Remote work can make us feel disconnected, which can hurt productivity and wellbeing. So how can you build work friendships, remotely?
Working from home, although it can be convenient, poses its challenges–namely, it leads to a lack of in-person connection across teams, departments, and individuals. Unfortunately, this lack of consistent face-to-face contact amongst colleagues increases a sense of loneliness and isolation, and decreases productivity in the workplace.
According to Forbes, about 25% of Americans experience loneliness when they work remotely. This isolation is compounded by a lack of social connection with colleagues outside of work. When left unchecked, loneliness at work can lead to other mental health concerns including depression and anxiety.
Working in-person allows for organic conversations to occur. We might be forced to bump shoulders with our coworkers in the breakroom, share a workspace with our manager or boss, or interact with different departments during conference room meetings.
When working remotely, we don’t often get that chance to occupy the same physical spaces as our colleagues. This lack of in-person contact unfortunately can detract from our sense of community in the workplace.
Building relationships with our remote coworkers poses an obvious challenge, but it doesn’t have to be impossible. By taking initiative to reach out to our colleagues and being creative about ways to connect with each other, we can intentionally foster stronger work relationships regardless of our physical distance.
Never underestimate the importance of play! If most of your remote contact is about serious work matters, it can feel easier to build friendships in a context of lighthearted connection.
Virtual game and movie nights are a great idea, because they allow people to have fun together and bond in a low-stakes environment. These kinds of events can also help relieve stress, which may allow you to be more social and at-ease with your remote coworkers.
Even if your workplace hasn’t organized remote events like this, it’s easy to take it upon yourself with the help of social media or by creating a text chain with some of your colleagues. Most streaming services have “watch party” options, and there are lots of ways to play social board games remotely.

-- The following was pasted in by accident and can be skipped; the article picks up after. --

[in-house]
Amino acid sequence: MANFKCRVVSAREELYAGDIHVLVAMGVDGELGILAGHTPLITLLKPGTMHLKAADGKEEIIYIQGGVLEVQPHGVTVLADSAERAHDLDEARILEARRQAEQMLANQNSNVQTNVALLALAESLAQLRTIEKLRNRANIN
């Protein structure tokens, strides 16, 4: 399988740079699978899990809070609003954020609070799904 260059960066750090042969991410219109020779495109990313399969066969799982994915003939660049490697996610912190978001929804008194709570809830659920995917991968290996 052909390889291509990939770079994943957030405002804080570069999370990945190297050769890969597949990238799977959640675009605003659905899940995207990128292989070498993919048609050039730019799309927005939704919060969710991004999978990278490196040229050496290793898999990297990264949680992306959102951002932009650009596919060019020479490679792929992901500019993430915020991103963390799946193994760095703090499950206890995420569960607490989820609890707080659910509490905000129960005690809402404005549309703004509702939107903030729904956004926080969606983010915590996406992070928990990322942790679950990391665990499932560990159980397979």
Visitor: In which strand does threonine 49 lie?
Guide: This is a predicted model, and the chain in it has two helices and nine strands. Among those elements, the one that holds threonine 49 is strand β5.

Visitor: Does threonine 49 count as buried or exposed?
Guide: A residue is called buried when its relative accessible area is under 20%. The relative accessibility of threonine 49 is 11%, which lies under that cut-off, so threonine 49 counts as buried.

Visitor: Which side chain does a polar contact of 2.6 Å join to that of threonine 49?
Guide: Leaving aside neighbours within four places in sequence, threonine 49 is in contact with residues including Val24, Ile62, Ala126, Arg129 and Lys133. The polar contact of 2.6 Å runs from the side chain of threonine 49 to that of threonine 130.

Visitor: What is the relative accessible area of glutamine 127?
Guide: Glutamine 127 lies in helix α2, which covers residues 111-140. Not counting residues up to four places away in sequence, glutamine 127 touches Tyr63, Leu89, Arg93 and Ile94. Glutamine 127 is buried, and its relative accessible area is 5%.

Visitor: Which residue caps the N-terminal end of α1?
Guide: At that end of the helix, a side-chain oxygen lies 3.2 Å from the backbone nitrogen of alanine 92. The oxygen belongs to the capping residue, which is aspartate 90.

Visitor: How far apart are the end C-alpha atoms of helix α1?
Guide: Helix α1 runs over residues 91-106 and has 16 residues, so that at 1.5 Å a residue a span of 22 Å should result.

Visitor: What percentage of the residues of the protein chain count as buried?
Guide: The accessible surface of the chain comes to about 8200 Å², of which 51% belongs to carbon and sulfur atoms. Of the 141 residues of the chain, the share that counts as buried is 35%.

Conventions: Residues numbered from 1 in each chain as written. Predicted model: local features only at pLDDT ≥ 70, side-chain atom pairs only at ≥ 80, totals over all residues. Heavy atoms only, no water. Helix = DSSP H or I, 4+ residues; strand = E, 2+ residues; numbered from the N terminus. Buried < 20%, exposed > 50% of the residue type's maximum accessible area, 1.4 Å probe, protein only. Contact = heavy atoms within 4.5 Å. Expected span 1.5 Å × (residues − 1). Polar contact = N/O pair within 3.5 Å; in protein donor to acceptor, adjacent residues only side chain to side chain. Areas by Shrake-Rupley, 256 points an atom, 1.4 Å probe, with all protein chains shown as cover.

If given the opportunity, advocate for a workplace affinity group that meets regularly–in a virtual space. Examples might include an affinity group for people of color, women in leadership, or working parents.
Workplace groups can help you connect with colleagues based on similar identities and experiences (and can feel especially helpful when those experiences impact your professional life).
If you’d like to get closer to your remote coworkers, consider setting up regular virtual check-ins, outside of work hours. You might suggest a weekly call while drinking your coffee in the morning. Alternatively, many remote coworkers enjoy a “virtual happy hour” on Zoom after the workday is done.
Especially if you manage or supervise a team at work, consider hosting regular office hours when you’ll be available to talk about matters unrelated to work. This creates opportunities for employees to communicate any personal concerns that might impact their work, but moreover, creates regular chances to bond in a low-pressure way.
Humans haven’t evolved to connect from a distance, so you might need a little support to make things work. As you plan ways to connect, you may find some of the following tools helpful:
If we want to successfully create lasting connections with our colleagues and employees, we have to be proactive in reaching out to them and forming bonds based on similar interests and identities.
We spend many years of our lives at work; building and maintaining genuine relationships with the people that we work with can drastically improve the quality of our lives.